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Amber Alert text from Philly leads to confusion in W.Pa.

| Wednesday, Jan. 16, 2013, 12:06 a.m.
Police investigate the playground in Upper Darby, Pa., where a 5-year-old girl wearing only a T-shirt was found hiding under a piece of playground equipment early Tuesday morning, Jan. 15, 2013. The girl had been abducted Monday morning from the William C. Bryant School, in west Philadelphia, by a woman claiming to be her mother. Alejandro A. Alvarez | Associated Press
Nelson Mandela Myers talks to reporters at Upper Darby Police Dept. in Upper Darby, Pa., on Tuesday, Jan. 15, 2013. Myers found a 5-year-old girl who went missing after she was abducted from her school on Monday. She was found early this morning as Myers was going to work. David Maialetti | Associated Press

A 2-week-old Amber Alert program that sent a vague message about a missing 5-year-old to thousands of cell phones statewide on Monday night left local residents puzzled and uncertain about what they should do next.

The message, which popped up on phone screens about 9 p.m., simply stated: “An AMBER Alert has been issued in your area, please check local media.”

As it turns out, the cell phone bulletin — the first sent in Pennsylvania under the new national program — was requested by Philadelphia police because Nailla Robinson was taken from her school Monday morning.

The child was found unharmed early Tuesday hiding under a jungle gym not far from the school.

But the nebulous phone message prompted wireless users in this area to call media outlets for information about whether the missing child was from this region.

Newsroom employees at WPXI-TV fielded as many as two dozen phone calls after the alert went out, said Shareef Abul-Ela, the station's director of content and coverage.

When Rostraver Police Lt. John Christner received the message, his phone buzzed and flashed a red light, “all kinds of crazy things,” leaving him wondering what was happening.

He knew the child couldn't be from this area because if the incident had happened in this region, police would have received a be-on-the-lookout (BOLO) advisory.

“Why not just put all the information out (to the public) in the very beginning?” Christner said. “Everybody knows that time is of the essence.”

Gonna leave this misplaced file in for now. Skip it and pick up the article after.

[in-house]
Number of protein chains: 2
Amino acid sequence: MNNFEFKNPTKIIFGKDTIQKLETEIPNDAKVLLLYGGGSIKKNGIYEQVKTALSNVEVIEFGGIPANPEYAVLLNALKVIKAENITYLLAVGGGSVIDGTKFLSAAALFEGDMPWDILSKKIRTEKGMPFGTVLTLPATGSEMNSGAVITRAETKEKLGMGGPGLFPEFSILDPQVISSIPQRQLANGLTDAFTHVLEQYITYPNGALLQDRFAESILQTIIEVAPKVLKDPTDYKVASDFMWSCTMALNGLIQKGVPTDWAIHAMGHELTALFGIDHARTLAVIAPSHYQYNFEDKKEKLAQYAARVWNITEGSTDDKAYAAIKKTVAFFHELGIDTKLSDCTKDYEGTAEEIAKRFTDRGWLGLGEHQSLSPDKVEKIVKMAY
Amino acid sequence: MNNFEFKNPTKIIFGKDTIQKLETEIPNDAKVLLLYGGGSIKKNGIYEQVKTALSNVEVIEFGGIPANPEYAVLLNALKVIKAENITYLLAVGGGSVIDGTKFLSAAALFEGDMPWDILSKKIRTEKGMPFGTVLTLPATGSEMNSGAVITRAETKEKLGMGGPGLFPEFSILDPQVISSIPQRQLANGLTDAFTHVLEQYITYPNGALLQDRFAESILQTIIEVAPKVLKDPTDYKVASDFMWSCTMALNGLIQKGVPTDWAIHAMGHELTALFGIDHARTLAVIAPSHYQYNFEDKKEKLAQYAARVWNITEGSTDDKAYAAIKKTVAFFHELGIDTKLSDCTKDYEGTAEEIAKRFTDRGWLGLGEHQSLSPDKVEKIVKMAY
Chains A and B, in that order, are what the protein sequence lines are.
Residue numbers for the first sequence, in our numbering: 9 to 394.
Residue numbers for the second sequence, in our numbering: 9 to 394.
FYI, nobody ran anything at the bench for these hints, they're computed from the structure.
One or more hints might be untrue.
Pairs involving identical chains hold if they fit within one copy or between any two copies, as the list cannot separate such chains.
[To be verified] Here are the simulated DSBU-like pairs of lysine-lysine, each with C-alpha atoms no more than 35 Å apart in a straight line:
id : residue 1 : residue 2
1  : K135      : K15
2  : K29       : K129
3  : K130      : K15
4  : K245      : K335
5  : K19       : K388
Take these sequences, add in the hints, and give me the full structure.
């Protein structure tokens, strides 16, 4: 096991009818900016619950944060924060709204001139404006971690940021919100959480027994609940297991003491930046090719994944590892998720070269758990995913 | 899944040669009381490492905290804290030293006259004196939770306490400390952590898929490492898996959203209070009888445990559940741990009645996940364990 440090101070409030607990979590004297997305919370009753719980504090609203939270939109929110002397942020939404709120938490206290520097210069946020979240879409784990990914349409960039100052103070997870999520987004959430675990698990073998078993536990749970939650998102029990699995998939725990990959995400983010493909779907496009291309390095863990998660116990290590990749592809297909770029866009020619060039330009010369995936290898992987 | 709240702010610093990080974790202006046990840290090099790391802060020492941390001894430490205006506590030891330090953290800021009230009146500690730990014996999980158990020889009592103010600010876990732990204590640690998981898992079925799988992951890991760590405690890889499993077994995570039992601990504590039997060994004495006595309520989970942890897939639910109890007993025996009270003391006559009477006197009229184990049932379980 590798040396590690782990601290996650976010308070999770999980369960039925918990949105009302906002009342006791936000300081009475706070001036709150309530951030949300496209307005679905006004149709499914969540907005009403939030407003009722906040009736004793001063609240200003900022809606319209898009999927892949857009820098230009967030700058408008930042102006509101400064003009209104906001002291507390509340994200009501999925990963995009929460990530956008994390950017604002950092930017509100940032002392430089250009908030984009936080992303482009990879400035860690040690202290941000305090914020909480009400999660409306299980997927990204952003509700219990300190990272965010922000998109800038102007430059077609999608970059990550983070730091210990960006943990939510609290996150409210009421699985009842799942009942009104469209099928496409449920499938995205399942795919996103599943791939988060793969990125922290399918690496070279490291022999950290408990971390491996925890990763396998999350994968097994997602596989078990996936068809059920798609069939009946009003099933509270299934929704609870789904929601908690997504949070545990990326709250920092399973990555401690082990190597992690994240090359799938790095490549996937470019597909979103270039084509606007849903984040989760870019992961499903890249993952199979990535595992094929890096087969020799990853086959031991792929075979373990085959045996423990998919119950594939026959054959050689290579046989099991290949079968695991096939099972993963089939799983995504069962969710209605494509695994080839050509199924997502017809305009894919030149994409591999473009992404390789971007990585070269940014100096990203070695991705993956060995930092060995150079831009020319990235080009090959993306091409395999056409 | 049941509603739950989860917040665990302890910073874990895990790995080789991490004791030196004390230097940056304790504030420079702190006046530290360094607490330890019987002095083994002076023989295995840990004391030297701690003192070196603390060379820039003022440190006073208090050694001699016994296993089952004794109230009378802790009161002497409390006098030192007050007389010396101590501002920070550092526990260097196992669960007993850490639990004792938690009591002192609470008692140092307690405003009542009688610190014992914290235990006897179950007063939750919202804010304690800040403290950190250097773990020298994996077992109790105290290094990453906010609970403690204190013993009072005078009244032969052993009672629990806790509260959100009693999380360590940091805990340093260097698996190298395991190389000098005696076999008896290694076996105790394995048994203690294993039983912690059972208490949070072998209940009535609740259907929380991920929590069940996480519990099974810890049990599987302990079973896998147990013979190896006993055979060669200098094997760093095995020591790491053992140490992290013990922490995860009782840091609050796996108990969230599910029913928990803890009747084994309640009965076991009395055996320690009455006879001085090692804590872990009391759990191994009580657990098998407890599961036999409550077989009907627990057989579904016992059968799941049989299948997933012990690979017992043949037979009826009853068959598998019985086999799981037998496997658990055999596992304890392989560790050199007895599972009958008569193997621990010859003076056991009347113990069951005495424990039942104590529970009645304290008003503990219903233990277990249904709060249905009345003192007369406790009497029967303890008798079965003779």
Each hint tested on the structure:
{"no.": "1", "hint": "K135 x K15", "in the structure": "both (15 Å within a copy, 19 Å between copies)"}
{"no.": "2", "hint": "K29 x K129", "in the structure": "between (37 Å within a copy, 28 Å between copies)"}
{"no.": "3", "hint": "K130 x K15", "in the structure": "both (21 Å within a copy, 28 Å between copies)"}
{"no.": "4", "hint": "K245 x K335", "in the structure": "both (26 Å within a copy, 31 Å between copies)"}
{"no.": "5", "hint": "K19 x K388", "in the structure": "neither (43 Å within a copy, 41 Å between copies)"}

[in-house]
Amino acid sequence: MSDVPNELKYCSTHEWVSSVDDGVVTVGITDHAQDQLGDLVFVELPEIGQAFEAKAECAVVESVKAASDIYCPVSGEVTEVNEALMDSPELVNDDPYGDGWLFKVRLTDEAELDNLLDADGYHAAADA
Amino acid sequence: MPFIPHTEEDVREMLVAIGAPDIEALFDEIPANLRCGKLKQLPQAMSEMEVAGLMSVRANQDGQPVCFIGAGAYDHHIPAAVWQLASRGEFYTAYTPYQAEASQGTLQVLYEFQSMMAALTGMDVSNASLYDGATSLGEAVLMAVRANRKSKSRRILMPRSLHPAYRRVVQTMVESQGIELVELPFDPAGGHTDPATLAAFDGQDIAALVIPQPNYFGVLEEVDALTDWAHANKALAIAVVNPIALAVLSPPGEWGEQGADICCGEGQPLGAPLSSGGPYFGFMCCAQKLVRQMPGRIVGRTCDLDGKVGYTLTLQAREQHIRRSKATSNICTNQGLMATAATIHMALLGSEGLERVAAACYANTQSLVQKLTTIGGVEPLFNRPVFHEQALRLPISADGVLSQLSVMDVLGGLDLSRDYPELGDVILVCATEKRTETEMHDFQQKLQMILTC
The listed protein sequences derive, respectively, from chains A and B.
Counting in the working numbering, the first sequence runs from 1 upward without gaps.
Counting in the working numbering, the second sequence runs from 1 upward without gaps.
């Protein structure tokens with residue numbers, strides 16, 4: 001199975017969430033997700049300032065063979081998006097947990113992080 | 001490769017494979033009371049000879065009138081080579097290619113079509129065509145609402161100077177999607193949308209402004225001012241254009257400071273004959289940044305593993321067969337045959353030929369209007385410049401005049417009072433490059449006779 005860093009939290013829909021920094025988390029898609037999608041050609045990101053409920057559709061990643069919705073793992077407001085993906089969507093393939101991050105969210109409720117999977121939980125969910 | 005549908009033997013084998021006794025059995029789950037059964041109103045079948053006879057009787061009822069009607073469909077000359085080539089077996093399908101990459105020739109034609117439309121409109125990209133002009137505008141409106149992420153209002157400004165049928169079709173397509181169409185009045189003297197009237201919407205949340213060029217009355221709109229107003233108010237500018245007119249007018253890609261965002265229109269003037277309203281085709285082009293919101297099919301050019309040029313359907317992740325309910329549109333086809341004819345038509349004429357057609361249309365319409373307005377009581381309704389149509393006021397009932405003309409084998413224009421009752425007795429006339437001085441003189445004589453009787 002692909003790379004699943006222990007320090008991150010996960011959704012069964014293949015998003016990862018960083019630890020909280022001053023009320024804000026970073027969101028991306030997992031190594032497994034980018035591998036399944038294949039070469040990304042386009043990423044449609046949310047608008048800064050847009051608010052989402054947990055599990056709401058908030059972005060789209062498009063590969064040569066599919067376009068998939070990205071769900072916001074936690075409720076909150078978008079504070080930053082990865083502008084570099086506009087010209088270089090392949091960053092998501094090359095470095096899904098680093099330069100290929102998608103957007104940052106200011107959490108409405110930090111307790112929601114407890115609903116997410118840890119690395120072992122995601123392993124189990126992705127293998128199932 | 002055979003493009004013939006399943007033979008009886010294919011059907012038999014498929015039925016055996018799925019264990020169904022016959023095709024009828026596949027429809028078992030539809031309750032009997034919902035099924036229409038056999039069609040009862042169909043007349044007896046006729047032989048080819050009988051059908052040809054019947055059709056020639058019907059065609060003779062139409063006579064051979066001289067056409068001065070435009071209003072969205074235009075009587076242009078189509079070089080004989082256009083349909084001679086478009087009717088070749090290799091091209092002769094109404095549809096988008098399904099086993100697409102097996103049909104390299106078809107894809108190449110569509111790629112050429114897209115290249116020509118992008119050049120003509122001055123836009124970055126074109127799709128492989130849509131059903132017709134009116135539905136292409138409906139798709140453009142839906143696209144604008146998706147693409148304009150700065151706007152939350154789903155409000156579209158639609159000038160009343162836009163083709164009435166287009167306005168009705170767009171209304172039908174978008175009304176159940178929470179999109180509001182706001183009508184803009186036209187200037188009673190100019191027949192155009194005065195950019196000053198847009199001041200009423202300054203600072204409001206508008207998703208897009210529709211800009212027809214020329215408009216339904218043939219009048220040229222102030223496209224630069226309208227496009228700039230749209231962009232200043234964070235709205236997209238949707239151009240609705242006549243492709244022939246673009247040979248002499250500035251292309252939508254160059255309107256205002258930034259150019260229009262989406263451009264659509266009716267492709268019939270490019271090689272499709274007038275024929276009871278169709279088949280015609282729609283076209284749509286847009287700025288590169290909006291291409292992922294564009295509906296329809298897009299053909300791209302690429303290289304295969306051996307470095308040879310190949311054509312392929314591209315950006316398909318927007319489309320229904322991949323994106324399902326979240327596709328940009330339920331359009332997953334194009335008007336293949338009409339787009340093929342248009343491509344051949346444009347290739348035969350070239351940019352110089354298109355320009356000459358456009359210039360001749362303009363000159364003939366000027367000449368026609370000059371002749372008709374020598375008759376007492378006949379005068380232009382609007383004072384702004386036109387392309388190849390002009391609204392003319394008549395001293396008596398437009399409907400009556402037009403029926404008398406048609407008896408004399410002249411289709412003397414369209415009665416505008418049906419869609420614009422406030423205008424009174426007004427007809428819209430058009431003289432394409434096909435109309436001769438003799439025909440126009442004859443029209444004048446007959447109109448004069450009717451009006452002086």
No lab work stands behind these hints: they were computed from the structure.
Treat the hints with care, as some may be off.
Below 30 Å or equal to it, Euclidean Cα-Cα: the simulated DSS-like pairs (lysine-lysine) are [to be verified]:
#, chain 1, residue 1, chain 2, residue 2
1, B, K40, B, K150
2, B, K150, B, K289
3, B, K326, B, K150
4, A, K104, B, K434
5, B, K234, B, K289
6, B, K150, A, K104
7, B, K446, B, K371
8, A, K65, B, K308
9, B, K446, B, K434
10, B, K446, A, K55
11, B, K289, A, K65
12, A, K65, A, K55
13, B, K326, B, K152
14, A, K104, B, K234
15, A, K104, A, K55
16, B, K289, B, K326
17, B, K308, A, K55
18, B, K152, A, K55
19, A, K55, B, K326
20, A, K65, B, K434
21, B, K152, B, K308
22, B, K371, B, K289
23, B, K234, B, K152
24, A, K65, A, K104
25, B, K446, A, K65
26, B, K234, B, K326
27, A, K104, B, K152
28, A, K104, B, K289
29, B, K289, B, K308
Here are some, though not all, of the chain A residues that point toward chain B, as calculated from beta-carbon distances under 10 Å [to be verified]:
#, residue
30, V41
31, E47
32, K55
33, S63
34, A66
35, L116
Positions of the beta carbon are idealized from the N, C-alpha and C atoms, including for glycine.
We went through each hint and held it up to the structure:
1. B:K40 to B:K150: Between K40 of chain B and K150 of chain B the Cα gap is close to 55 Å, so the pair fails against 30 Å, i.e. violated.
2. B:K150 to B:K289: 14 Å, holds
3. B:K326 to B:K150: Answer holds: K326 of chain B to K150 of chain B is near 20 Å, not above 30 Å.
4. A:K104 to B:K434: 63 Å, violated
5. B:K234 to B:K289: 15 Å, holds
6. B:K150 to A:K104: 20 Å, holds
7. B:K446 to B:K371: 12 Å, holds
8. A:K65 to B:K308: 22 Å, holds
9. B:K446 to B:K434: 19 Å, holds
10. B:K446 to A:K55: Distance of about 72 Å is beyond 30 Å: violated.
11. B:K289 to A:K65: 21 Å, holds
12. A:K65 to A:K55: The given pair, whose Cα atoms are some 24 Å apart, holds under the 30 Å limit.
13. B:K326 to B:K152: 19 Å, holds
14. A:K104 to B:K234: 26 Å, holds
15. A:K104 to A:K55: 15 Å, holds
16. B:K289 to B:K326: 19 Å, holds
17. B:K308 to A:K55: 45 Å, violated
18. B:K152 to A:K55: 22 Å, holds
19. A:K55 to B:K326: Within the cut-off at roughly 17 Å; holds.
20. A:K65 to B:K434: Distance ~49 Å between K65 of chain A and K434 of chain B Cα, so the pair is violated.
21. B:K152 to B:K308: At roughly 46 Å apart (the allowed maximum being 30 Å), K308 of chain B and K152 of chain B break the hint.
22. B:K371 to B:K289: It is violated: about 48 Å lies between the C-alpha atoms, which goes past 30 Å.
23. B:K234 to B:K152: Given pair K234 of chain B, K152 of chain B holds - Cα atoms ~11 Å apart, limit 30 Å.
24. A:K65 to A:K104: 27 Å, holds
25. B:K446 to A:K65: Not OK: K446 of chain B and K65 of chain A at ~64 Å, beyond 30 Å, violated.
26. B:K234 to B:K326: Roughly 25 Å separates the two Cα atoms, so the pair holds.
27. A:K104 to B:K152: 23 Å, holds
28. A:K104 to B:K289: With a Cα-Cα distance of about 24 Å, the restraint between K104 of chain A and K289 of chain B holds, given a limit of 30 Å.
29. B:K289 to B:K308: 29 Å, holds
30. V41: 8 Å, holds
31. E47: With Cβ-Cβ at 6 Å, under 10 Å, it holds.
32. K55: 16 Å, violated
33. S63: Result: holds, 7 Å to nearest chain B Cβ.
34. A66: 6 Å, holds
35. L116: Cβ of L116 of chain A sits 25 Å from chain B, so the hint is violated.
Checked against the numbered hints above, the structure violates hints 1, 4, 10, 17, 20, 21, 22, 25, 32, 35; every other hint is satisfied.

But officials from the organization responsible for sending the cell phone alerts to wireless towers within a specific area — the Center for Missing and Exploited Children — said they're hamstrung by limits set on the length of the message.

It's a limit even shorter than a standard 140-character tweet on Twitter.

“The problem that we have is that we're confined by FEMA and by the wireless industry to 90 characters,” said Bob Hoever, the center's director of special programs for missing children.

Residents in Citrus County, Fla., reported the same confusion when they were awakened about 1:40 a.m. Monday when an Amber Alert was broadcast to their phones, according to published reports.

The alert was for a 2-year-old reported missing 200 miles away. She was later found unharmed.

The cell phone alert program started at the beginning of the month.

It's part of an overall wireless program that also alerts users to natural disasters, said Laura Merritt, public relations manager for Verizon Wireless.

Customers can change settings on their phones to opt out of the alerts, she said.

On Monday night, some area residents learned details about the missing child when state police requested an emergency message be broadcast statewide on television and radio, state police spokeswoman Maria Finn said.

Since 1996, Amber Alerts have been issued any time a child is abducted and there's enough descriptive information that the alert could help save the child. They are named for Amber Hagerman, a 9-year-old abducted and murdered in Arlington, Texas.

Under the program, anyone in a designated area with capable phones will receive the alerts, Hoever said. There's no cost to cell phone users, he said.

Dan Stevens, public information office for Westmoreland County's emergency management system said, “I'm sure there are people upset that they got (the alert) because it was ... alarming. But if it was their child, they would want the same thing to happen. We're just trying to do the right thing to save someone's life.”

Rossilynne Skena is a staff writer for Trib Total Media. She can be reached at 724-836-6646 or

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